ST. PETERSBURG — Cory Rider was pulling a paddleboard off a high shelf when something else came down instead: a heavy piece of electronic equipment that struck his collarbone before falling to the floor.
His neck and shoulder swelled and hurt, but Rider, 31, tried to wait out the pain. He has neither health insurance nor extra money for imaging to assess the damage.
"I had no idea how much these things cost," said Rider, who owns a paddleboard business called NinjaFit.
No wonder. Patients are routinely urged to help curb health care costs by being good comparison shoppers. But getting straight answers about the cost of medical services is a struggle.
Prices depend in part on who's footing the bill. Providers can get more from private insurance than from Medicaid or Medicare, and bill accordingly. And the uninsured, who have no government or corporation to protect them, get socked with the biggest bills.
And even in a single provider's network, prices can be all over the map. Need a colonoscopy? In Tampa Bay, in one insurance plan's network, the price tag is anywhere from $600 to $2,400, according to an analysis by the health care software firm Castlight Health. How about a chest X-ray? Prices in the same network are $17 to $536. A mammogram is $14 to $295.
But patients who once shrugged off the discrepancies as their insurers' problem no longer have that luxury. Gone are the days when insured patients were responsible only for a small copay. Many have moved to high-deductible plans that require them to pay much more out of their own pockets in exchange for more affordable premiums.
But that hasn't made prices any more transparent.
"Who knows what the actual cost of service is?" said Nancy Metcalfe, senior program editor at Consumer Reports. "They're asking people to be price sensitive and they can't find the price."
That may be changing. States are looking at making medical prices more visible. Consumers can use websites to check prices among providers willing to play along. Even medical advertising — still largely silent on price — is changing. Walgreens is promoting its inexpensive new primary care services. Online coupons offer rock-bottom prices for services from cosmetic procedures to dentistry to chiropractic.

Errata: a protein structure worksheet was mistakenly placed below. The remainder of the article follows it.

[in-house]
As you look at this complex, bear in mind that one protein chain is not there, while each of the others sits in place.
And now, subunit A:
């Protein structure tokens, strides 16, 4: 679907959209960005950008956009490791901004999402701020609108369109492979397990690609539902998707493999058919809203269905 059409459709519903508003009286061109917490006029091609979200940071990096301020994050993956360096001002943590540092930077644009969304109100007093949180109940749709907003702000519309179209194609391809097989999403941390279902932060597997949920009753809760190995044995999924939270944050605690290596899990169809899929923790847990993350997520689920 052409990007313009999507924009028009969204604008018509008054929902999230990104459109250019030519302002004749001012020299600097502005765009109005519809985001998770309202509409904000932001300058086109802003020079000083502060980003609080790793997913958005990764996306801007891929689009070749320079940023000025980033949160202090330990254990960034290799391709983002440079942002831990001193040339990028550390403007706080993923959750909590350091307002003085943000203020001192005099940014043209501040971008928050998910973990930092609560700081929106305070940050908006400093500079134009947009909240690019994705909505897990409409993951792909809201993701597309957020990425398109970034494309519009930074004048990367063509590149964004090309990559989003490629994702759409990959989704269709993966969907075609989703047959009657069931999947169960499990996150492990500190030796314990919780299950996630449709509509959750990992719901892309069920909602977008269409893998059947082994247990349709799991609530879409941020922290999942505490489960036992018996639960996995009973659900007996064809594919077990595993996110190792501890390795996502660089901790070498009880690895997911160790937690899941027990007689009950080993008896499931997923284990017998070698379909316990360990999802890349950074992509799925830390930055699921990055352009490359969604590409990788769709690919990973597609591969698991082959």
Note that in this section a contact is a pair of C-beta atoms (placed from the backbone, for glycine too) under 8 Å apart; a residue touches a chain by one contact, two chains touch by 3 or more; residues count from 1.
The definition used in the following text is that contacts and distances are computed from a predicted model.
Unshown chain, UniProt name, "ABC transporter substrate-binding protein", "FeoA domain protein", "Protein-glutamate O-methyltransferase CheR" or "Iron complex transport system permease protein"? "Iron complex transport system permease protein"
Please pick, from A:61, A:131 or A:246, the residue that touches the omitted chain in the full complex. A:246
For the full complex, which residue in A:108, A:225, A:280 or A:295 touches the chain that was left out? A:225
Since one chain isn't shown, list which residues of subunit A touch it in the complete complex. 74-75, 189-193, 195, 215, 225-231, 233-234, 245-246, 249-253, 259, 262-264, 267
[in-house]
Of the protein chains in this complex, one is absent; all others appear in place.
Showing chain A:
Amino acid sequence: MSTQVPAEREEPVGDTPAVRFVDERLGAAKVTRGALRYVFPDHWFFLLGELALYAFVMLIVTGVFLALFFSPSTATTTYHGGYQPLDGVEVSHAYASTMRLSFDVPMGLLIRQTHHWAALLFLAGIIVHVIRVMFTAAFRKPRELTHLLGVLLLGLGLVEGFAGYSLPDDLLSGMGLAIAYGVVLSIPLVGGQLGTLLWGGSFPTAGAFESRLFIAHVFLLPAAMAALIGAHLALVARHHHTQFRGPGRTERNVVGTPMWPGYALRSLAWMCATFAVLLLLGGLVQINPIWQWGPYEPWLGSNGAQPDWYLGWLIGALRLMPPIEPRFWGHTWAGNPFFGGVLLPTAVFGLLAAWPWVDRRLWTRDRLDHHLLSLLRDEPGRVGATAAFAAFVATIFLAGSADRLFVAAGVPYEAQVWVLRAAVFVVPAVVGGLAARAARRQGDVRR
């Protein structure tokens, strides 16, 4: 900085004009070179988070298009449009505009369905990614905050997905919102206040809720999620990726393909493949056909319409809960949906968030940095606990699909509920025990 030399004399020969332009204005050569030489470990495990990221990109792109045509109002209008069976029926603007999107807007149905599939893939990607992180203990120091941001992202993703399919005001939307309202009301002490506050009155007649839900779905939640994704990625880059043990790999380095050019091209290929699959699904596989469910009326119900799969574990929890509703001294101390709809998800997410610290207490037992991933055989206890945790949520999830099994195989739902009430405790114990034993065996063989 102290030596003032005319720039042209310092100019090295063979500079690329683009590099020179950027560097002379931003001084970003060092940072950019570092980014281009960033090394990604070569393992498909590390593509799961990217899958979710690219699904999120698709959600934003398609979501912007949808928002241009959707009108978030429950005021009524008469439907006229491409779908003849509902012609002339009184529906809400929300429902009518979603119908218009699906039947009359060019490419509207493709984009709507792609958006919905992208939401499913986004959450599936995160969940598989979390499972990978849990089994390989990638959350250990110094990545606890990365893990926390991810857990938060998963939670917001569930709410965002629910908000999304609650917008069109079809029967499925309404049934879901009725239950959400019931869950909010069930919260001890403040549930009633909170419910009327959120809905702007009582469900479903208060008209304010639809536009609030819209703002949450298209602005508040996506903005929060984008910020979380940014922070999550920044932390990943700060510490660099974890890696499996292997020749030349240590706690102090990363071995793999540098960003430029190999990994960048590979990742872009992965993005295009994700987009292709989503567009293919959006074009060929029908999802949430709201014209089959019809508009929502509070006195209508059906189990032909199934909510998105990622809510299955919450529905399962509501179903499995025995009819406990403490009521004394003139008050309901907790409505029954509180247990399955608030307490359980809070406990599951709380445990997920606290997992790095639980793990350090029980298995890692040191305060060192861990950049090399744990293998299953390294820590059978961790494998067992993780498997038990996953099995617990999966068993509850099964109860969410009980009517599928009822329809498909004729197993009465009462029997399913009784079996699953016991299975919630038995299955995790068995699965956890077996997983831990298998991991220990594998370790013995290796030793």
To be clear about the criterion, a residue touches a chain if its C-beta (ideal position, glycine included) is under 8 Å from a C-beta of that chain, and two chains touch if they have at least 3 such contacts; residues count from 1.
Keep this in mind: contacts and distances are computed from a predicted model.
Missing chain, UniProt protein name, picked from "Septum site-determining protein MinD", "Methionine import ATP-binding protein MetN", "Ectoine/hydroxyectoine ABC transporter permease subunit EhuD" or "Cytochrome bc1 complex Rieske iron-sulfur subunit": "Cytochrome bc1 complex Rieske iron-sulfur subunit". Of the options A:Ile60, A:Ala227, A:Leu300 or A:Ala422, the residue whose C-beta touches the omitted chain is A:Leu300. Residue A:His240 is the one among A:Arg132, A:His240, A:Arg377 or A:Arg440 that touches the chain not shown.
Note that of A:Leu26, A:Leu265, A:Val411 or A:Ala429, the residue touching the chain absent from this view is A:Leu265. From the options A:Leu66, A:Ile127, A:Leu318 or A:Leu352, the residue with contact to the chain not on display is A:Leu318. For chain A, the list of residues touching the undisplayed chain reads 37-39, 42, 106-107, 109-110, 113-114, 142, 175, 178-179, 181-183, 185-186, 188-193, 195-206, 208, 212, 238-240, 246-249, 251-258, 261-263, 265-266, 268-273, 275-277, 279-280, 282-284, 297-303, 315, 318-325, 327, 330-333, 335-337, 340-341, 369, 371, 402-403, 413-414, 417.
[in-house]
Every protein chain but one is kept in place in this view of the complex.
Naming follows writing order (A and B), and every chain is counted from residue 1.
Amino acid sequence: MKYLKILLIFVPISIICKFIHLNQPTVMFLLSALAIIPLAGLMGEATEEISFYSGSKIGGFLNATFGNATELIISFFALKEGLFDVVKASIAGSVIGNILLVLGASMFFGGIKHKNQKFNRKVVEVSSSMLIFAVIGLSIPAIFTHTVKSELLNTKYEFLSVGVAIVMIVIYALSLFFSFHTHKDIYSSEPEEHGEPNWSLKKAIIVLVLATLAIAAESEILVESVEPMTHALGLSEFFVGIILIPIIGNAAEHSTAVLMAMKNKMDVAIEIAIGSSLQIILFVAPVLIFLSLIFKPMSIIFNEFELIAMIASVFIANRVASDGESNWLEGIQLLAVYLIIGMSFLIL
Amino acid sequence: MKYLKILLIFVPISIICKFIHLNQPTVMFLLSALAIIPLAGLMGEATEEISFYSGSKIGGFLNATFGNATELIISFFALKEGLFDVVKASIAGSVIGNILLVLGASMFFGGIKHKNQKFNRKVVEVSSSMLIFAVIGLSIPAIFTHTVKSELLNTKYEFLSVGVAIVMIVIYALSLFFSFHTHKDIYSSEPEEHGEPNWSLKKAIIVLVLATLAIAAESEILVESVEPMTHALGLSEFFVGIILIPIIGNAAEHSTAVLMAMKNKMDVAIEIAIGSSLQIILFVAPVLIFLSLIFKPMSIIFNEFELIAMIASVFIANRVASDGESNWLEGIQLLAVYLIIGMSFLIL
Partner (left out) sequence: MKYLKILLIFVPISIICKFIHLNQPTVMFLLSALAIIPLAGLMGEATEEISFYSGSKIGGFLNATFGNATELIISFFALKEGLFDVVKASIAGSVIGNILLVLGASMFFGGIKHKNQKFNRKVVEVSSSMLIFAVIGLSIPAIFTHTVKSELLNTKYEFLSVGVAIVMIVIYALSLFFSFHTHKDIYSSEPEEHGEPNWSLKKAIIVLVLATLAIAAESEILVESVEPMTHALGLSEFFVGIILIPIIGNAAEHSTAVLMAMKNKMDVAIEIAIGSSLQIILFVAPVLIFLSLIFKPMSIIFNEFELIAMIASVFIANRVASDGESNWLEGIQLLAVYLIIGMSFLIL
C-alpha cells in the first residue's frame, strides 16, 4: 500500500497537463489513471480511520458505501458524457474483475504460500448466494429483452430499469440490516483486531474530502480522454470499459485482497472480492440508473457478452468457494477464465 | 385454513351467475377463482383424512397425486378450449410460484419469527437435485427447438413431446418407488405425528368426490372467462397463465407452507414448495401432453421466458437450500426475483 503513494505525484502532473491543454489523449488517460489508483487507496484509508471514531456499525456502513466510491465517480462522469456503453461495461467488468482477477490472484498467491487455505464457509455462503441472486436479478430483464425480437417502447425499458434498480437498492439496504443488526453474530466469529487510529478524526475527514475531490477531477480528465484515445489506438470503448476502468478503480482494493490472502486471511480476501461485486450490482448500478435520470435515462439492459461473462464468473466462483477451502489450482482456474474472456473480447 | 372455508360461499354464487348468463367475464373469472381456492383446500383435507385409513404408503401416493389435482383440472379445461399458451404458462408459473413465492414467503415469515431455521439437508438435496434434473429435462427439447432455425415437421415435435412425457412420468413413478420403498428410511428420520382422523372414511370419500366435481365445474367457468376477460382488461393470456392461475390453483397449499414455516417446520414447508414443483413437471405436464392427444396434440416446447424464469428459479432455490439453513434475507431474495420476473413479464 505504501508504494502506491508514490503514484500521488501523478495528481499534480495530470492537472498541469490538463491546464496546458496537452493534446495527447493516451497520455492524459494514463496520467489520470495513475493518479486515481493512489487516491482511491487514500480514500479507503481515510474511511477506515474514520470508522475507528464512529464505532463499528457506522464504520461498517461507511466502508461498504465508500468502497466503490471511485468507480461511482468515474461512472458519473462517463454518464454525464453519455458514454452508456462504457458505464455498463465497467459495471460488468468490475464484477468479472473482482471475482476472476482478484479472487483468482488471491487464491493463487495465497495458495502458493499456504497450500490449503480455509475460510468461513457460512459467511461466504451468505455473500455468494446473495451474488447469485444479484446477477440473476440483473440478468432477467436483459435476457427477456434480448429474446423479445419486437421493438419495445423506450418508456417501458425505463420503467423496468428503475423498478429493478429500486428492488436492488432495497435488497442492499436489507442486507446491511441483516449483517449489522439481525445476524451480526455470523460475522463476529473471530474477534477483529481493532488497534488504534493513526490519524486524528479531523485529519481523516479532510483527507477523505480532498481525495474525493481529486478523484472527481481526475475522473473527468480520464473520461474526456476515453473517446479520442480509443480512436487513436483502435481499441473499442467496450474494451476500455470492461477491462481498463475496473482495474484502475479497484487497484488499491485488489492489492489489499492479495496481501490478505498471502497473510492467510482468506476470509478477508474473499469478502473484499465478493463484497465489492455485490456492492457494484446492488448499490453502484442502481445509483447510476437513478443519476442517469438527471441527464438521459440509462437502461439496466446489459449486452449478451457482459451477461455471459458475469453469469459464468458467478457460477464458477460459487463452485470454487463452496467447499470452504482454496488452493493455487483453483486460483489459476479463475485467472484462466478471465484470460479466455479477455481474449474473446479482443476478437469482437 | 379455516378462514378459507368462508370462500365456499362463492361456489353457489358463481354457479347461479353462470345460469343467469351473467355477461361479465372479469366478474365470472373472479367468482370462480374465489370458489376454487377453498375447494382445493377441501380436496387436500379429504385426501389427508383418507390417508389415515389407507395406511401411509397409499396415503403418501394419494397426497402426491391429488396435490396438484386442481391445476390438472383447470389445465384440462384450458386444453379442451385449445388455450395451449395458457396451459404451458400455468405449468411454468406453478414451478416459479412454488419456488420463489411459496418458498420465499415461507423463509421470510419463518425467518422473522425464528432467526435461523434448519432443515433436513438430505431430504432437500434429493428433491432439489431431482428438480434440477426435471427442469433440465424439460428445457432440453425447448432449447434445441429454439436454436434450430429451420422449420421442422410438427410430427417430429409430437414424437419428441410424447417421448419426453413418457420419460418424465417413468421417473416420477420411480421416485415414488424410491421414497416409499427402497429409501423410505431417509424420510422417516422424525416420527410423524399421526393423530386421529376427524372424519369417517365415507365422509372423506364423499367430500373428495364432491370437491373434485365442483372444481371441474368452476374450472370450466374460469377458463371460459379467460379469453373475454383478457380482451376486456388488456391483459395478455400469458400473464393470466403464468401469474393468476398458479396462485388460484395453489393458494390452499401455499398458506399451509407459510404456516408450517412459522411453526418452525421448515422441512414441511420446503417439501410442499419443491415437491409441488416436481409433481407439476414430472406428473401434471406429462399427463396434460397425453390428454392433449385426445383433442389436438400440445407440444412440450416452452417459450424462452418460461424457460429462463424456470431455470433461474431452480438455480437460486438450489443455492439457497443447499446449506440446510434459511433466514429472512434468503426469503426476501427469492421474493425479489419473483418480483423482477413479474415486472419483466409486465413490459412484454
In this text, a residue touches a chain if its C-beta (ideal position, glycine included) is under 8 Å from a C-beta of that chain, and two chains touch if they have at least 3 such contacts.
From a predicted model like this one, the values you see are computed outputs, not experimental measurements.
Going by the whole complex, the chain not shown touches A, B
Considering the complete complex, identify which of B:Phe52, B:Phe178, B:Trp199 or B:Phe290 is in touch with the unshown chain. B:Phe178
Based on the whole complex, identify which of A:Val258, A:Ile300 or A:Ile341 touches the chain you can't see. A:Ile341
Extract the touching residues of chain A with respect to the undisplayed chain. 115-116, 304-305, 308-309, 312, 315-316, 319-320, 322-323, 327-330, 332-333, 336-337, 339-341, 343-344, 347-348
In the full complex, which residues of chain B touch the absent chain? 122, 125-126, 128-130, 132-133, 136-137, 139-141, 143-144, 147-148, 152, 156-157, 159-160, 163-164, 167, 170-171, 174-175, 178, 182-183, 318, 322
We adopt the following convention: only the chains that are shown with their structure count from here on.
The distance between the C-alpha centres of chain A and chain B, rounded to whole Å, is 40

When his collarbone pain didn't go away, Rider went to an online search engine, typed in "cheap MRIs," and landed on a Tampa-based website called Save on Medical. He found discounted cash prices for dozens of area imaging centers, including Rose Radiology and SDI Diagnostic Imaging. He signed up for a $75 X-ray, a cheaper image, offered by a Pinellas facility, and learned, to his relief, that his collarbone was not broken.
Save on Medical works like a travel website, allowing users to lock in the cheapest prices and book appointments online. The imaging centers, which pay to advertise discounted cash prices, benefit by not having to hassle insurers for payments — or losing money on no-show appointments. Most of the site's users have no insurance, though a growing number — currently about one-third — have high-deductible insurance plans and find the site's prices cheaper than their insurers' negotiated amounts, said Matt Schneider, the site's 32-year-old co-founder.
"Before, your physician would tell you where to go and you'd follow them blindly," Schneider said. "You can see there's a shift in people taking matters into their own hands."
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Florida got a D on a price transparency report card released last month by an employer group, Catalyst for Payment Reform, and the nonprofit Health Care Incentives Improvement Institute. Not impressive, but better than the F's that 29 other states got.
The state has taken some small steps toward making prices more obvious. In 2011, for instance, lawmakers required urgent care clinics to post cash prices of their 50 most frequently provided services. But the state still got poor marks on the report card for failing to make prices at hospitals and other providers more readily available to the public.